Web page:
Yesterday was very unusual - it wasn't raining and I had time to do some gardening. Over the past month or so the heavy rain storms have transformed the well-ordered plot into a jungle of plants that have gone to seed and weeds.
I discovered that the dwarf french beans Vermont Cranberry were ready for picking. This was one of my selected vegetables from the Heritage Seed Library catalogue - nine plants grew from the ten beautiful cranberry red cream flecked beans. Why do I select a particular variety? I like unusual coloured varieties; unusual names; and vegetables with an interesting history. Vermont Cranberry is an American heirloom bean form New England, dating back to 1876. I just noticed that the HSL catalogue mentions "very attractive red flowers" but the flowers on my plants were cream!?
Now for the taste test, looks and a good story are all very well but I won't save the seed for next year if it's not worth it's place on the plate! The green beans were difficult to spot among the leaves, so I was surprised how many I picked and some looked as though they may be too mature for eating as green beans, but the cooked beans were very tender and a gorgeous emerald green colour - top marks. The catalogue claims "a unique sweet taste" and I agree, not a normal green bean flavour - more delicate and sweeter. Definitely one to save seed from. I dressed the cooked beans with a little cold-pressed rape-seed oil and chopped savoury and black pepper - delicious!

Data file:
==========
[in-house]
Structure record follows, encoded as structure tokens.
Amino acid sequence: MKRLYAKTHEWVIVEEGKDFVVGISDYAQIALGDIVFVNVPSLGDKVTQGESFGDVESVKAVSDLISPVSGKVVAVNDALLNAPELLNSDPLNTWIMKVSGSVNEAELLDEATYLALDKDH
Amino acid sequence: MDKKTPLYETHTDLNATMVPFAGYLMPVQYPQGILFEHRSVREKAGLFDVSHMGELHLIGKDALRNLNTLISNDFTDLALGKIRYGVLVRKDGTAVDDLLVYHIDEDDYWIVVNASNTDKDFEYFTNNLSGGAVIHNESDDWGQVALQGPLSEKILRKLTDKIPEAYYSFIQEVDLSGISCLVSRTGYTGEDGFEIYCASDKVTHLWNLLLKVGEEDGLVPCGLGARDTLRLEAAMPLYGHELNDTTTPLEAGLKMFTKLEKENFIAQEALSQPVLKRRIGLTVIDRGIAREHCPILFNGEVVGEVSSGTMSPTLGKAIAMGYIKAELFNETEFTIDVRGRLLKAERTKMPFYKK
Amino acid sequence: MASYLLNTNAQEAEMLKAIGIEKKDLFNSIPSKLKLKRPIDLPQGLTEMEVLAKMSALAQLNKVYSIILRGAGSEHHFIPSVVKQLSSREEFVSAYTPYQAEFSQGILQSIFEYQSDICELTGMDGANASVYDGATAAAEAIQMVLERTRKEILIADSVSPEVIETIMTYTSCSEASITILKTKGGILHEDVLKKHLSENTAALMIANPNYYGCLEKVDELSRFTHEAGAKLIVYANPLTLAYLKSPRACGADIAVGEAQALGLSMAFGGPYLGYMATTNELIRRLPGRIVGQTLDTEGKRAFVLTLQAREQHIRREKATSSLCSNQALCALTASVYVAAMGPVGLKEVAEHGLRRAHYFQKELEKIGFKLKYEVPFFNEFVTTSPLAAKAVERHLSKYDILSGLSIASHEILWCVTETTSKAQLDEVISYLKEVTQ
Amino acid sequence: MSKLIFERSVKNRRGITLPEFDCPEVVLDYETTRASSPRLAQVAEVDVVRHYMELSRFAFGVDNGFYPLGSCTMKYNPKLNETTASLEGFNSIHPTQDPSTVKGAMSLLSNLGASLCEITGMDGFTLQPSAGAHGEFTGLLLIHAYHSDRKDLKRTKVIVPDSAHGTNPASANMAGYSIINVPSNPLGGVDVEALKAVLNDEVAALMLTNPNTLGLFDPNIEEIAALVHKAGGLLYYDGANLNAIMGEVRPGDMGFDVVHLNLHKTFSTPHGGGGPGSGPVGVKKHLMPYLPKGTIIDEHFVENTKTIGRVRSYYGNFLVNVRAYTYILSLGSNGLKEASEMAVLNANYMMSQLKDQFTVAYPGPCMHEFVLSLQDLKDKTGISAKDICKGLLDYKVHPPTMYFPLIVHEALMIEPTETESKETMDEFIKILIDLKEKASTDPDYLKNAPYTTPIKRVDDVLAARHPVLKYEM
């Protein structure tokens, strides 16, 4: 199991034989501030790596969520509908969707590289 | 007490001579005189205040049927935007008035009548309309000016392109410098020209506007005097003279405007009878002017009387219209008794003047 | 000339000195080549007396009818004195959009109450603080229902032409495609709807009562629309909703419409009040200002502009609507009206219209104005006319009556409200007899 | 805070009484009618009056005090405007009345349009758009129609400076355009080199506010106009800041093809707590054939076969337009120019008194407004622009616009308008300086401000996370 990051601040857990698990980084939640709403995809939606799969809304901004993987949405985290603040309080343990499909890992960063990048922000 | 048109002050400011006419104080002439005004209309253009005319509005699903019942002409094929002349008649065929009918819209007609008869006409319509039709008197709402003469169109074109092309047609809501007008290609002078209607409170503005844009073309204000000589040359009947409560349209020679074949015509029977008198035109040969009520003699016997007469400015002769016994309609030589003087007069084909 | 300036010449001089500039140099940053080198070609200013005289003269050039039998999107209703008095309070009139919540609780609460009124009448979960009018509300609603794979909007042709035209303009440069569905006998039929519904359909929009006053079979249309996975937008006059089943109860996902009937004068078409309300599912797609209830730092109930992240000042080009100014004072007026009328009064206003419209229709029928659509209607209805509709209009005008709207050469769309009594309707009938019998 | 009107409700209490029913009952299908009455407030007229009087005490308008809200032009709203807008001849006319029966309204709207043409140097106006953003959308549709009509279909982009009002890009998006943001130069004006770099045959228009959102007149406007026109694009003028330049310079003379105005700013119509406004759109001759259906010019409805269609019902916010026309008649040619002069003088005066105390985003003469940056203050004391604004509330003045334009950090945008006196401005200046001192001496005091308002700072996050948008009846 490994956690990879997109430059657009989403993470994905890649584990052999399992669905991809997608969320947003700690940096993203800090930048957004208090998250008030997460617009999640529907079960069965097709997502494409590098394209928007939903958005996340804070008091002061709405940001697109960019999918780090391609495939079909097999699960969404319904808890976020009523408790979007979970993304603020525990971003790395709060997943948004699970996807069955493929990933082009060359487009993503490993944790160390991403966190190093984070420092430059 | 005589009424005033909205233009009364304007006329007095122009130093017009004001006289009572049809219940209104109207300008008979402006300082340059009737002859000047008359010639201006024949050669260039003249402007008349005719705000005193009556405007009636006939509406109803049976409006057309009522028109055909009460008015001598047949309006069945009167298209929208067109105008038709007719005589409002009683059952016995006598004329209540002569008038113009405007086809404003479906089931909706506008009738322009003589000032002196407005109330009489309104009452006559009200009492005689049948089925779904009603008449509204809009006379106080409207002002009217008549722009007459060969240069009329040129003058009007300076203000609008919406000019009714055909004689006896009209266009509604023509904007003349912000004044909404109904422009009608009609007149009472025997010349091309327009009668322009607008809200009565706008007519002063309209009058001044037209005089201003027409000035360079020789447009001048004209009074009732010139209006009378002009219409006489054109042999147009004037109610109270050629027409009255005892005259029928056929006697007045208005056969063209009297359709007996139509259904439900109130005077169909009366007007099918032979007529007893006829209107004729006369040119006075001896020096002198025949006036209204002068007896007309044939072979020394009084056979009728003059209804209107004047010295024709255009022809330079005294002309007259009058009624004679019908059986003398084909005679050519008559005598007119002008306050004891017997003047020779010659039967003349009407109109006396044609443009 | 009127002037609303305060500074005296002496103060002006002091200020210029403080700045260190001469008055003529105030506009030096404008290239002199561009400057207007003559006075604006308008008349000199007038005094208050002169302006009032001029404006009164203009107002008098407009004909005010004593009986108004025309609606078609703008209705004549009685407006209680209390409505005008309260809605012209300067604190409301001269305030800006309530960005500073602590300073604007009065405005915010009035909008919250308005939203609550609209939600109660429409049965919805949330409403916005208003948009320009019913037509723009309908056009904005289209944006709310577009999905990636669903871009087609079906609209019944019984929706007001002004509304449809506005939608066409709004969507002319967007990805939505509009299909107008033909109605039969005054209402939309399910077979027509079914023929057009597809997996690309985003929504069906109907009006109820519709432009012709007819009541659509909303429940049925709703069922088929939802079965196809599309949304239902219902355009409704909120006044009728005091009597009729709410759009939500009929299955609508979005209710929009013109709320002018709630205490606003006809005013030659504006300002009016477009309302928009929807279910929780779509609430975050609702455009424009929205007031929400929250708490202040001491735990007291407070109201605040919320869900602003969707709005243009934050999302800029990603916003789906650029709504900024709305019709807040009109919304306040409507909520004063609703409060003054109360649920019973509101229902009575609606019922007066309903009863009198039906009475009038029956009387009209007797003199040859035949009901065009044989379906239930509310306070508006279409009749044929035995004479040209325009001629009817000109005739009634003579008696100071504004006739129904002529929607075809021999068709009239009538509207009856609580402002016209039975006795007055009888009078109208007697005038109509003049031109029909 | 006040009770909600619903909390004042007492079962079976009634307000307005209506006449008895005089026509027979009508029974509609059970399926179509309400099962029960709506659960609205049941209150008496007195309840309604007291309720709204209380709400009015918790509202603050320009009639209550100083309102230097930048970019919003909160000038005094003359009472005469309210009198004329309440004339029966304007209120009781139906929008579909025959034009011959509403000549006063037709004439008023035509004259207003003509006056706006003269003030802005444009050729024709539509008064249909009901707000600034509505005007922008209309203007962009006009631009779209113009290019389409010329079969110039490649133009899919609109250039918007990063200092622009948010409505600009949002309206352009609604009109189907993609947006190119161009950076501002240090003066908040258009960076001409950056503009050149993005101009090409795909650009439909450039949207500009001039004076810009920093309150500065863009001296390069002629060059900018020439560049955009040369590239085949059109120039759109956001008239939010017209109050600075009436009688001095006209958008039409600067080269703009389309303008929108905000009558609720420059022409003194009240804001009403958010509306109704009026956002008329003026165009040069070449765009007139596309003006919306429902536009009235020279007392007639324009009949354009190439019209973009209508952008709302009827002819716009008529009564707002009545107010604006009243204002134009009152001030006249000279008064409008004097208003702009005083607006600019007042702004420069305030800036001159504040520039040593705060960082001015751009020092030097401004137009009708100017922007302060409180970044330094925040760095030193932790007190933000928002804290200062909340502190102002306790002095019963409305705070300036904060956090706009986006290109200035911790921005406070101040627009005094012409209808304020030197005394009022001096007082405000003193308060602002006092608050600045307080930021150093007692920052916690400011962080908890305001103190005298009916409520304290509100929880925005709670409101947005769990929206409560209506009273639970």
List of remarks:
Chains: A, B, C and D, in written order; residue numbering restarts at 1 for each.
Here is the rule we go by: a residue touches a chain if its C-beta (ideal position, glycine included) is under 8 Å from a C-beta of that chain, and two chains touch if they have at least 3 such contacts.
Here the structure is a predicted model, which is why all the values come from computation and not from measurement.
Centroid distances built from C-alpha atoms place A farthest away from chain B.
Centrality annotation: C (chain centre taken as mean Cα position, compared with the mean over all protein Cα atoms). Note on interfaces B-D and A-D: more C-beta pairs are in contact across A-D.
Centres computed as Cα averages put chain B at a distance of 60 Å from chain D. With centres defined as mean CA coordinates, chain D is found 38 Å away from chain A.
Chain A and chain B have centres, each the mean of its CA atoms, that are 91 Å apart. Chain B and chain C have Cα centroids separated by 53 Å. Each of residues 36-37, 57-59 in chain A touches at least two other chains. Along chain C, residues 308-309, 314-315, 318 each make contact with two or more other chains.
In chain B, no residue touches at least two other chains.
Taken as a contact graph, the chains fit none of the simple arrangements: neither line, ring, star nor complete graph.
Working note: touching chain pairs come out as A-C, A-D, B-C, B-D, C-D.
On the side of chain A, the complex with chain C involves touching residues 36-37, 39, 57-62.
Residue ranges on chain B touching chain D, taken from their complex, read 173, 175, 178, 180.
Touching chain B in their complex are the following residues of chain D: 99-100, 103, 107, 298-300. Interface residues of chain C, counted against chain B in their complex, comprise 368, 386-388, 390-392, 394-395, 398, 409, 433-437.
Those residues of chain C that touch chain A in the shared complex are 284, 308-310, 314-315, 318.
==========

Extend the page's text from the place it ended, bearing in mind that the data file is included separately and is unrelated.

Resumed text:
We've two varieties of gooseberry in the garden, Invicta - a green cooking gooseberry which has a slight mildew resistance; and Whinhams Industry - a red dessert gooseberry which in previous years has suffered so badly with mildew that we have considered digging it up. I chose it because the fruit was burgundy red; it has a great name; and I'd never grown dessert gooseberries before. Well this year we've had some pretty unseasonal weather which has taken it's toll of the crops (onions and potatoes especially) but the soft fruit has been magnificent - strawberries, redcurrants, blackcurrants, green gooseberries, and now the red dessert gooseberries! What fantastic looking berries and they taste like gooseberry slightly sweetened with honey, like a ripe kiwi-fruit in tartness - Whinhams Industry has earned its place in the garden at last.
Triumphs and Disasters
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